View Full Version : The Reruns - Adult Language

November 27th, 2010, 04:49 AM
Hey dudes.
So I'm gonna go ahead and post this thing, and I'd be grateful for whatever critique you'd like to give (is it stupid and/or lame as hell? would you rather lick a dog turd than read another word of it? these are things I'd like to see addressed), but there's one specific thing I'm concerned about. The following is part of a larger piece which I've previously been writing in third-person. In this bit, though, I experimented with first-person. The result, in my opinion, is far more lucid than it would be had I written it in third-person, but the voice doesn't quite match the character narrating. Basically, I'm wondering if this is really a problem. I'll post another (third-person) excerpt later on, either in this thread or another, to give you a wider frame of reference for the characters involved.
I know I'm kinda all over the place here. I'll just shut up and post my stuff, and we can talk about all that other junk later.

My first encounter with Shade should have told me everything I needed to know about what it would mean to be her friend. This fateful collision of personalities was brief, lasting less than a minute, and in that time I was irreverent and smoking a cigarette and she was pointing a gun at me. Months later, when we would finally be introduced properly, the spirit of that dynamic was unchanged. It seemed that no matter how fond of each other we became, at the heart if it she was always ready to put me down if I got out of hand, and I was always blowing smoke in her face. She was seventeen then, though she didnt look it and never would, and I was eighteen. She kept her hair the same dark auburn color as her brothers in those days, though it would go through many changes later. One of the perks of being a cyborg is that you can change your hair color at will, apparently.
Later, on another world and in another time, her hair would be a vibrant, electric purple. It would be whipped frantically about by the wind blowing in through the rolled-down windows of our green Galaxie, our earthbound rocket ship, as we careened through a vast and unknown countryside. From the drivers seat, I would look at her, and underneath her oversized gas station sunglasses, she would grin at me.

The last whiskey I ever drankI think it was whiskeywas just outside of Reading. I had cracked the unlabelled bottle open one night when I still thought I was going to be washing dishes for the next ten years, and by the time I took the last foul swallow, I had induced the death of four fugitive gangsters and my boss, stolen three million dollars and a car, and rescued Shade from the swirling dust of the old church wherein she, heartbroken at the loss of her brother, had imprisoned herself. The sun came up the next morning and found me and Shade on the road, the small college town of Reading a hundred miles behind us, jittery with confusion and excitement. Neither of us quite knew what had happened to bring us to that point. I, for one, was in no condition to care. I was drunk and sick; I pulled over, told Shade I loved her, and kissed her right on the lips.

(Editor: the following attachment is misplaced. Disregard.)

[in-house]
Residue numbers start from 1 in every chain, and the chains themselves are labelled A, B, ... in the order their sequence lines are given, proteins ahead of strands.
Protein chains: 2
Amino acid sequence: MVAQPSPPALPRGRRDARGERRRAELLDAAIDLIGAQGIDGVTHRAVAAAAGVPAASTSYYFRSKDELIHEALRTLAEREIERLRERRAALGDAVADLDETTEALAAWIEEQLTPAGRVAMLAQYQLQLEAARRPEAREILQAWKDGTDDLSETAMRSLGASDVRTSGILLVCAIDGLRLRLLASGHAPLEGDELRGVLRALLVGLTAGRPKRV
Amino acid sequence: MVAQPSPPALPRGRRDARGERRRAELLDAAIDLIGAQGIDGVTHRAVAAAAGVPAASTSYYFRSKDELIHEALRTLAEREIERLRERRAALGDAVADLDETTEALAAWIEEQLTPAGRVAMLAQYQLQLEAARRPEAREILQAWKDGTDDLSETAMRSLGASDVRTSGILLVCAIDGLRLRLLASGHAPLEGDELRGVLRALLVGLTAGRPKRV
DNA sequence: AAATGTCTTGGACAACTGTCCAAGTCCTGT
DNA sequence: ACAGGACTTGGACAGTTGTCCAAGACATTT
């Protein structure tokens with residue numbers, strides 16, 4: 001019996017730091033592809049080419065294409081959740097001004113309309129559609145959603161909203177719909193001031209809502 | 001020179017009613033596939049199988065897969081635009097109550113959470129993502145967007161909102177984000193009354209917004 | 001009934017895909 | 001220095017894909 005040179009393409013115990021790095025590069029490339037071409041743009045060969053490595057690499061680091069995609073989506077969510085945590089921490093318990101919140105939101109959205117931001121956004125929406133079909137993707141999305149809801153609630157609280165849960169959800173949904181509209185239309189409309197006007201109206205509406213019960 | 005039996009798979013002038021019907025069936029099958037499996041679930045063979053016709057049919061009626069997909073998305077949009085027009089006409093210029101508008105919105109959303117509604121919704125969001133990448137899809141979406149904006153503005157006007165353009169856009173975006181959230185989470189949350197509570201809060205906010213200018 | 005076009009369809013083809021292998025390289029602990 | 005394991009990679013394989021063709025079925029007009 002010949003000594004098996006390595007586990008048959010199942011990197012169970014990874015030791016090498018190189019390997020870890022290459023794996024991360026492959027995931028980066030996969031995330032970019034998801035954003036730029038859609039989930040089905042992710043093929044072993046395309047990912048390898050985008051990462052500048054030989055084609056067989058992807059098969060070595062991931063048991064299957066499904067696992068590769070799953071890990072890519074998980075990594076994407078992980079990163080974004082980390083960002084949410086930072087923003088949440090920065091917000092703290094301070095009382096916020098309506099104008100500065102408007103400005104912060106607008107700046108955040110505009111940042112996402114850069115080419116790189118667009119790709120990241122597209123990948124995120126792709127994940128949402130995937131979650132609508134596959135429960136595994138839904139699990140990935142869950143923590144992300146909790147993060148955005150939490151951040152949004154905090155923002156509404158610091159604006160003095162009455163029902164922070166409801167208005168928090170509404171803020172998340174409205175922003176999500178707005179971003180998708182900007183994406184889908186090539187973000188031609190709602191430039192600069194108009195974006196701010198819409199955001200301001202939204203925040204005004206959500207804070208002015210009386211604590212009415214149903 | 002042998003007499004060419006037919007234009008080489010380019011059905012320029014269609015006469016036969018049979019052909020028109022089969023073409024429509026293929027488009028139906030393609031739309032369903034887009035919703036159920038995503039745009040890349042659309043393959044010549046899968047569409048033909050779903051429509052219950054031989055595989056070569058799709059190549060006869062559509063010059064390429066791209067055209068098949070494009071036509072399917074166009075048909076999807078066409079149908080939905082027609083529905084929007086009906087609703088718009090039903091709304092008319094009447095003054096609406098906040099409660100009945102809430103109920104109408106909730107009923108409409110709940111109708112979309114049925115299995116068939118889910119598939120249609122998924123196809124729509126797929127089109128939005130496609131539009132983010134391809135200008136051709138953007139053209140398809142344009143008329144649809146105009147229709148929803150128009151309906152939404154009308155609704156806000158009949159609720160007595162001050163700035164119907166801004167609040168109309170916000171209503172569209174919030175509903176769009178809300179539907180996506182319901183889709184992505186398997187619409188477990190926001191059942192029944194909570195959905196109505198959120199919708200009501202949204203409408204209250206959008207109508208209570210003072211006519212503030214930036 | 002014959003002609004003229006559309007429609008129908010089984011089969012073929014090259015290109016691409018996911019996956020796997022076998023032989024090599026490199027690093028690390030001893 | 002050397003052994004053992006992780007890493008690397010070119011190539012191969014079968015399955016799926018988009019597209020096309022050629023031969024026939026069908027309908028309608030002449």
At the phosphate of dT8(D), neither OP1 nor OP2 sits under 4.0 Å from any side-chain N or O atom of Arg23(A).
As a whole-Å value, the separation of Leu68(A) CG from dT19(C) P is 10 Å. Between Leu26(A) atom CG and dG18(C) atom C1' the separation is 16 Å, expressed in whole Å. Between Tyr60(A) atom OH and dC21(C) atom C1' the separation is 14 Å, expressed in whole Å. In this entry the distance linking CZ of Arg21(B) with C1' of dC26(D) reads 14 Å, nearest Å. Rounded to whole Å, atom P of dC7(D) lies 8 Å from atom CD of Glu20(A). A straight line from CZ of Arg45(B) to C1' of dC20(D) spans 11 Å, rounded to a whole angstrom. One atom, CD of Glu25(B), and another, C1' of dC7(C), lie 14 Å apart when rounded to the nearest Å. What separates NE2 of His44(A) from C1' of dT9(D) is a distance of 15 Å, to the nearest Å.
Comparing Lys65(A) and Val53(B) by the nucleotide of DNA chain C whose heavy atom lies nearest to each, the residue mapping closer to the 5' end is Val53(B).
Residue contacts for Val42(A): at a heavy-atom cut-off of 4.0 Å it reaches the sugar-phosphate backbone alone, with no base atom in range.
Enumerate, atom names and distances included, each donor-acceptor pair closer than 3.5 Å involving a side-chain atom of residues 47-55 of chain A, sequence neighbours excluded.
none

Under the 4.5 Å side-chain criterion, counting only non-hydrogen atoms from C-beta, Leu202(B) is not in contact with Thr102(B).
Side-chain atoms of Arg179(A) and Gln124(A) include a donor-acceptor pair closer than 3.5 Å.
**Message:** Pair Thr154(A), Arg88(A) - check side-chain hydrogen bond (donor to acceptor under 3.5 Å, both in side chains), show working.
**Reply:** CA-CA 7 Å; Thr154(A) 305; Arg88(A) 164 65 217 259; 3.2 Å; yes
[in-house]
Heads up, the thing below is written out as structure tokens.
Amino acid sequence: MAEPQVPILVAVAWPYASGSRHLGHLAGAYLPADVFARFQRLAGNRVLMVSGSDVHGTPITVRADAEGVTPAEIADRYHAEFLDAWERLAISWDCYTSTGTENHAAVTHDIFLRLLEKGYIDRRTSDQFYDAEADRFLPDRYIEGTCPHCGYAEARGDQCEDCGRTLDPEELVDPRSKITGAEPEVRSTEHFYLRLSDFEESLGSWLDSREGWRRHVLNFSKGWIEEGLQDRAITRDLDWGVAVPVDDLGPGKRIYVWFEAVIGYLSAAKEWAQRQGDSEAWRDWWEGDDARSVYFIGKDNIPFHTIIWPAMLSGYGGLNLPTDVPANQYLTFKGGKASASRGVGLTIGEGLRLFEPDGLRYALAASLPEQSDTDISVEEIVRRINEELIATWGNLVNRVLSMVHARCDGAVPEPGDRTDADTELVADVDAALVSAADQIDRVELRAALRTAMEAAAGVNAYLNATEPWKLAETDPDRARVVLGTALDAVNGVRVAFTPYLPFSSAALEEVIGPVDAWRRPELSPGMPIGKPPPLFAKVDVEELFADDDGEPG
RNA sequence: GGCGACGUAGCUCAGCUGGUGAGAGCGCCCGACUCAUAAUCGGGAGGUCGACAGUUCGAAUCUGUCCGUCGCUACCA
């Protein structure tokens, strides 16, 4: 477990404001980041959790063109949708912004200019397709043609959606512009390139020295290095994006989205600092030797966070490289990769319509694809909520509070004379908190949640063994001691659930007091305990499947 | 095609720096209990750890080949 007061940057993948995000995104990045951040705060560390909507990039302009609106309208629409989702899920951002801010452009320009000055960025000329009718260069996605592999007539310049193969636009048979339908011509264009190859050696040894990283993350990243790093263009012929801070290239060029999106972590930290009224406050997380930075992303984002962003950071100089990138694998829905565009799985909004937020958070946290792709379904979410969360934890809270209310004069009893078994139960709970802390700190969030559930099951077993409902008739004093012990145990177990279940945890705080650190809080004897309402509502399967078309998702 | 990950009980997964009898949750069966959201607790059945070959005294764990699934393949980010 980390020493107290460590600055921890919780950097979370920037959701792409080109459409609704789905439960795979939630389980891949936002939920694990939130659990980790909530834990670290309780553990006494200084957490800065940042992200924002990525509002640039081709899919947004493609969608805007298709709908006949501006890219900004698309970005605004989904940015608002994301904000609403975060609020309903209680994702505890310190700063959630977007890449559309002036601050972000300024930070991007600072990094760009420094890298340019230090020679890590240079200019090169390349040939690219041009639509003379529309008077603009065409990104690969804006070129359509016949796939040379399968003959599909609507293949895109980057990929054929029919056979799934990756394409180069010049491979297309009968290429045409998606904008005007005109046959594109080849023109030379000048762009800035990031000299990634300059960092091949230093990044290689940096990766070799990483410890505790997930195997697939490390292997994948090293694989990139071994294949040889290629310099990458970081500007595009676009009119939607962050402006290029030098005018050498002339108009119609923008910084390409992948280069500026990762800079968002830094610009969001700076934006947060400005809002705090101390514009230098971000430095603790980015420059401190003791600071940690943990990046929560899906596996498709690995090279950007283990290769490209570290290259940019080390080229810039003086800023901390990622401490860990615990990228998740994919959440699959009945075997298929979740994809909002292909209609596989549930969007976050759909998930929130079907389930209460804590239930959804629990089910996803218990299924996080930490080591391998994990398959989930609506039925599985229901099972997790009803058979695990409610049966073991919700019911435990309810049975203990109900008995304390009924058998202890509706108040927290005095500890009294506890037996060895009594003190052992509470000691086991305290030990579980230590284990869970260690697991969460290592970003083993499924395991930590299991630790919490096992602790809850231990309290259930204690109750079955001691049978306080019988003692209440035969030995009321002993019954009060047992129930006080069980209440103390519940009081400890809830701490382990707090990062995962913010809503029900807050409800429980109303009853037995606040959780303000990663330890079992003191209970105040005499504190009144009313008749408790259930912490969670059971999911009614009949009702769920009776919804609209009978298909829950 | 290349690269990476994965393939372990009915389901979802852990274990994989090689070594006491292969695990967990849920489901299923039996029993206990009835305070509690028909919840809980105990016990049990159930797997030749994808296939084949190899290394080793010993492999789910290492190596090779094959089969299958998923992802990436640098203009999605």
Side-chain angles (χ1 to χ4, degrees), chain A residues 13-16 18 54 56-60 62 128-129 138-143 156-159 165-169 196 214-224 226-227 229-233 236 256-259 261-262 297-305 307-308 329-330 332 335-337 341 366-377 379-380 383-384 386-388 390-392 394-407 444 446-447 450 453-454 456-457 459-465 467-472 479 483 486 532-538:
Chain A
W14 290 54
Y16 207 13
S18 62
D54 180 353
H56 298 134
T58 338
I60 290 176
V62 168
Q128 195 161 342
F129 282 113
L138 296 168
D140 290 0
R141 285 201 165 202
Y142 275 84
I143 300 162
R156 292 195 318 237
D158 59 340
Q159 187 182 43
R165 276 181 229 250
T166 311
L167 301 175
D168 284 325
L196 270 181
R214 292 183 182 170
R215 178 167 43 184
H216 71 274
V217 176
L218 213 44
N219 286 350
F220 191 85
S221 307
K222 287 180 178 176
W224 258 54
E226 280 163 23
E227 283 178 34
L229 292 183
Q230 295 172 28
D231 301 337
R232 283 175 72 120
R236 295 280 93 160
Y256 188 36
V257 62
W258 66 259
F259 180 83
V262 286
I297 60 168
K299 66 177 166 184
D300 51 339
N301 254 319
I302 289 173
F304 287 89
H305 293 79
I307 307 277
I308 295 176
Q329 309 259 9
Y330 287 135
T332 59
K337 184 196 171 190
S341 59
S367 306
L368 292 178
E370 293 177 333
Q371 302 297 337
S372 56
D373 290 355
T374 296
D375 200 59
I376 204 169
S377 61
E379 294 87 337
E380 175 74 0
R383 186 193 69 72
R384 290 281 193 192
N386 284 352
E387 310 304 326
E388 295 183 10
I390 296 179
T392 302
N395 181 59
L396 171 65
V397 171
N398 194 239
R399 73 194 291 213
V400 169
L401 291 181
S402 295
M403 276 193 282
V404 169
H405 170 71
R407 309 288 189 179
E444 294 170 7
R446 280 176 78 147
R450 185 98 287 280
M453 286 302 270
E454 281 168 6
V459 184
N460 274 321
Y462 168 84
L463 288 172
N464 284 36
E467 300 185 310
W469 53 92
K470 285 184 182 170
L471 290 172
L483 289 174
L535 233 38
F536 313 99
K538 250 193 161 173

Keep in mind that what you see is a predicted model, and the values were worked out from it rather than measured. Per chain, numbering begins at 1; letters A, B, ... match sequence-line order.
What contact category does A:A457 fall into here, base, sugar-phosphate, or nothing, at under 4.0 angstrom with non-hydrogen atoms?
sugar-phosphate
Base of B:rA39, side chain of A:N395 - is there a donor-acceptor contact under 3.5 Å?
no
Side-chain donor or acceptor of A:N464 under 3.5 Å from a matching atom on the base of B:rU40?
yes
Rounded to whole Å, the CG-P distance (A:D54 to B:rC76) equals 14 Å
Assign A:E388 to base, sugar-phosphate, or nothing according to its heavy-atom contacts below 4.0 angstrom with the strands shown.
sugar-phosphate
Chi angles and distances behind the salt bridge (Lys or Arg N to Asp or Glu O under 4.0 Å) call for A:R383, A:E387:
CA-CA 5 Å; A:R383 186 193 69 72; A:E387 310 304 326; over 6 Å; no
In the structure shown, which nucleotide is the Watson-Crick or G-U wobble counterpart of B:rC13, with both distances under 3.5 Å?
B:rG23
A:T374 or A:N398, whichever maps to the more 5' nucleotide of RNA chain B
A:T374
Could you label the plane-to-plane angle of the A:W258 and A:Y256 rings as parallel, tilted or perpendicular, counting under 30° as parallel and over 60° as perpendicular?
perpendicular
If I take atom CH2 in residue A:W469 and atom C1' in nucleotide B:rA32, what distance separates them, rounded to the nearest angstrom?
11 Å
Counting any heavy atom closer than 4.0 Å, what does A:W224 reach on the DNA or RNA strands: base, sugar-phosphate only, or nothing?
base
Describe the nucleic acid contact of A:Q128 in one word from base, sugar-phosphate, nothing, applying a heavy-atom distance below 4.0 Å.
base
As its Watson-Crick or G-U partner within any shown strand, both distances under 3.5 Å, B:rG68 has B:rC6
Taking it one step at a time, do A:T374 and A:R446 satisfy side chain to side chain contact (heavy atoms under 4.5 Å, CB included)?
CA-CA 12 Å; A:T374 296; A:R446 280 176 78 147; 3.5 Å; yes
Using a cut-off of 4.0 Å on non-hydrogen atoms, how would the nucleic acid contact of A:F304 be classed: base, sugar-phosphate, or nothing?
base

Like I said, I was drunk.
Back on Ghost Island, I only drank so that I could face my fake friends and behave the way a young Reptoid was expected to. My lack of enthusiasm for getting trashed and coercing teenage human girls into degrading themselves for my pleasure made me distinctly un-Reptoid; here on Earth, my green skin and fierce dedication to my (seemingly) teenage human friend makes me distinctly Well, not un-human, but certainly unusual. Shade looks no older than fifteen and tends to come across as a bit daffy to strangers, and, although I havent been arrested yet, I know what people must think of me. Teenage girls, through no fault of their own, seem to cause me nothing but trouble.
Then, when I was working as a dishwasher and waiting like a stubborn old dog for Shade to leave that church, I drank to make my endless shifts go faster. My boss, despite what could be mistaken for generosity in his employing me under-the-table, was an ignorant, racist, lazy asshole, and everyone else who worked in the kitchen just thought I was a lower-class moron and barely spoke to me. So I drank as constantly as I could without completely incapacitating myself, though that left me hung-over for about fifty percent of the time I worked there. With the only alternative being stone sober, though, I even started enjoying my hangovers.
But now I live on a beach. I spend my days barefoot and shirtless and then sleep in a tent at night, my body inches from Shades. She sleeps on a timer; unless I hit her with a rock, I couldnt wake her up before the preset time, and I havent yet gotten that desperate. And thats a mercy, I guess. The prospect of those theoretical midnight conversations, of the alien heat flooding the gap between us as that gap became smaller and smaller and smaller Im not ready to tread on such territory, much less the territory of the morning that would follow.
The raygun heat of the sunlight here melts the tension from my muscles almost before I can notice that its there, so Im usually putty upon the rocks and sand. Im not unstressed, though; my proximity to Shade prohibits my complete contentment, and punishes me instead with this aching, delirious ecstasy which I can barely tolerate. Parts of it I accept; other parts I pretend arent there. As Im torn apart hour after hour by this lifestyle that is the most effortless I have never known, or known to be possible, I do not drink. For one thing, I cant. Despite being twenty-one years old, I have no ID, and I no longer know anyone who will buy alcohol for me. For another, I dont want to. Im intrigued by my own exquisite suffering now; I get the feeling it might be worthwhile.
I keep my head clear so that I can see this situation through to its outcome.
Essentially, I dont want to fuck it up.